Whether you're a dim sum daredevil or a play-it-safe type, you'll find London's thriving dim sum scene has something for you. Do you agree with the choices? Use the comments box below or tweet your suggestions.
Top five dim sum restaurants in Chinatown
Never tried xiao long bau? These Shanghainese dumplings, sometimes called ‘soup dumplings’, are steamed parcels containing both filling and ‘broth’ – so make sure you pop them in your mouth in one go. Here they’re a house speciality, prepared by a line-up of chefs behind a glass pane. Skip past the ‘spicy pork’ version (made to a mouth-numbingly hot Sichuan recipe) and keep it classic with the likes of plain pork (the broth a heady ginger infusion), or vegetarian (this time with a garlicky number). Elsewhere, there are thick squares of moreish fried turnip cake and quivering cheung fun (stuffed rice pasta).Read more
Though this Chinatown veteran isn’t as reliable as it once was, and the surroundings look a little tired, it’s still worth a visit, if only once. Don those rose-tinted glasses and picture it in its heyday: from the long approach over a dinky carp-filled pond to the double-height ceilings at the front. Though we’ve had dishes that were a touch doughy or bland, we’ve seen moments of brilliance too: from the perfection of a steamed prawn and chive dumpling, with its delicate case and aromatic filling; to moreish Vietnamese spring rolls, the golden deep-fried casing giving way to a dense, meaty centre.Read more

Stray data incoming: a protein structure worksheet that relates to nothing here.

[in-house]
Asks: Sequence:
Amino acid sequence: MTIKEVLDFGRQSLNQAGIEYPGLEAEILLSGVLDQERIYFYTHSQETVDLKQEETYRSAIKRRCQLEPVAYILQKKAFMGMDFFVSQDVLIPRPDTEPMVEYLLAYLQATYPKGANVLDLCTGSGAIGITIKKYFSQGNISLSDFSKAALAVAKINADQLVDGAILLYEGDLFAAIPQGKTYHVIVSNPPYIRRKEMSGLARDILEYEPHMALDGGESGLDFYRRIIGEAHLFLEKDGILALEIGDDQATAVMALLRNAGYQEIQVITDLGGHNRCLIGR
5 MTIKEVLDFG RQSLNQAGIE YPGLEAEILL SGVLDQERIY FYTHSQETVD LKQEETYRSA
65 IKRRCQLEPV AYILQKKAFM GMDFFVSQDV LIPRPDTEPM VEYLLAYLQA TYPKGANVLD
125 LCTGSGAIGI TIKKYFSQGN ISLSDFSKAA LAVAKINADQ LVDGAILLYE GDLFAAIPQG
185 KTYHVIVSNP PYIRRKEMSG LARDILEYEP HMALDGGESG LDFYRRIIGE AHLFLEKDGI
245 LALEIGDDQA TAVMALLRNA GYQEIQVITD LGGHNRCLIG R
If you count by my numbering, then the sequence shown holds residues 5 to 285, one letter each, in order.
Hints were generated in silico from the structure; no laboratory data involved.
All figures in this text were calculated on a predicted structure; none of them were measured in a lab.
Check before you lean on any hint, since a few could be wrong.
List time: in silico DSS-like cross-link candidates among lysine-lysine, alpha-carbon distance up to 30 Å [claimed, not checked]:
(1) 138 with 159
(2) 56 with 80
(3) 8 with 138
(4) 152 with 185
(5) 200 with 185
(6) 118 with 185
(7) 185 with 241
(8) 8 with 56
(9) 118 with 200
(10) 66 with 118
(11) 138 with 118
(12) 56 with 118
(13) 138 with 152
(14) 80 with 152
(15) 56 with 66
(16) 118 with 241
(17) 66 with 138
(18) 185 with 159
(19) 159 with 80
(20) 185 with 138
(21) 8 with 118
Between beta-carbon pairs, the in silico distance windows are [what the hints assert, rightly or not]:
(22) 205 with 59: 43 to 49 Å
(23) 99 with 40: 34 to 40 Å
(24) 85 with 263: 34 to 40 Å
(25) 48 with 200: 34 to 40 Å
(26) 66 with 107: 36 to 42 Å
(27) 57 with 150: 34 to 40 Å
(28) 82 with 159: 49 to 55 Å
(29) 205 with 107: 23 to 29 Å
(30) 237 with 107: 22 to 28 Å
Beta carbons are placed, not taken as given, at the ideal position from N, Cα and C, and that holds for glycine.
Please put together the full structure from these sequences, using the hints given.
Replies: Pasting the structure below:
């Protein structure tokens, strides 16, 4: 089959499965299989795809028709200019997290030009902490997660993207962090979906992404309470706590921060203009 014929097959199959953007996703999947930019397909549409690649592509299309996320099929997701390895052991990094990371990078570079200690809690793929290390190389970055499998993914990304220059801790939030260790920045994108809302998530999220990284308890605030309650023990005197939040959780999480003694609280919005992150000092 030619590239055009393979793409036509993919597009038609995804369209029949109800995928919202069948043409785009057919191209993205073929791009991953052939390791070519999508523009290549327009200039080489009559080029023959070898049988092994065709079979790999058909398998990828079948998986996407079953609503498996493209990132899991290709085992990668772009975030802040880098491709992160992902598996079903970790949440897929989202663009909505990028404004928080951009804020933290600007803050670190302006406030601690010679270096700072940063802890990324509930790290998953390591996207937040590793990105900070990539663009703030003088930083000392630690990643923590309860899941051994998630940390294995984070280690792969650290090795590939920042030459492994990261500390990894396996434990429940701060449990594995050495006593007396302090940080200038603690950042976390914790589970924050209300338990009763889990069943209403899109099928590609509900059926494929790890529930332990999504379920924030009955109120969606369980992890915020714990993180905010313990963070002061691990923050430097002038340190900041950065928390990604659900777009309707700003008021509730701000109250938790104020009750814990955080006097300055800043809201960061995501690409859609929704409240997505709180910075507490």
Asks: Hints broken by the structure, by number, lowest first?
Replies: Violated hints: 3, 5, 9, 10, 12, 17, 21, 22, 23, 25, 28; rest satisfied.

Terrifying and brilliant in equal measure, Joy King Lau is run in the manner of a mass-market sports shoe outlet. Having been ushered into the large space (spread over several floors), you can sit, slack-jawed, as your order is conveyed via walkie talkie and headsets to the kitchen, who respond in kind by sending plates into the dining room via motorised dumbwaiter. By comparison, the decor and menu are fairly old-fashioned, but none the worse for it. Dim sum is excellent, from the huge (and hugely good value) single parcel of glutinous rice, to the crisp edges of the grilled dried shrimp cheung fun.Read more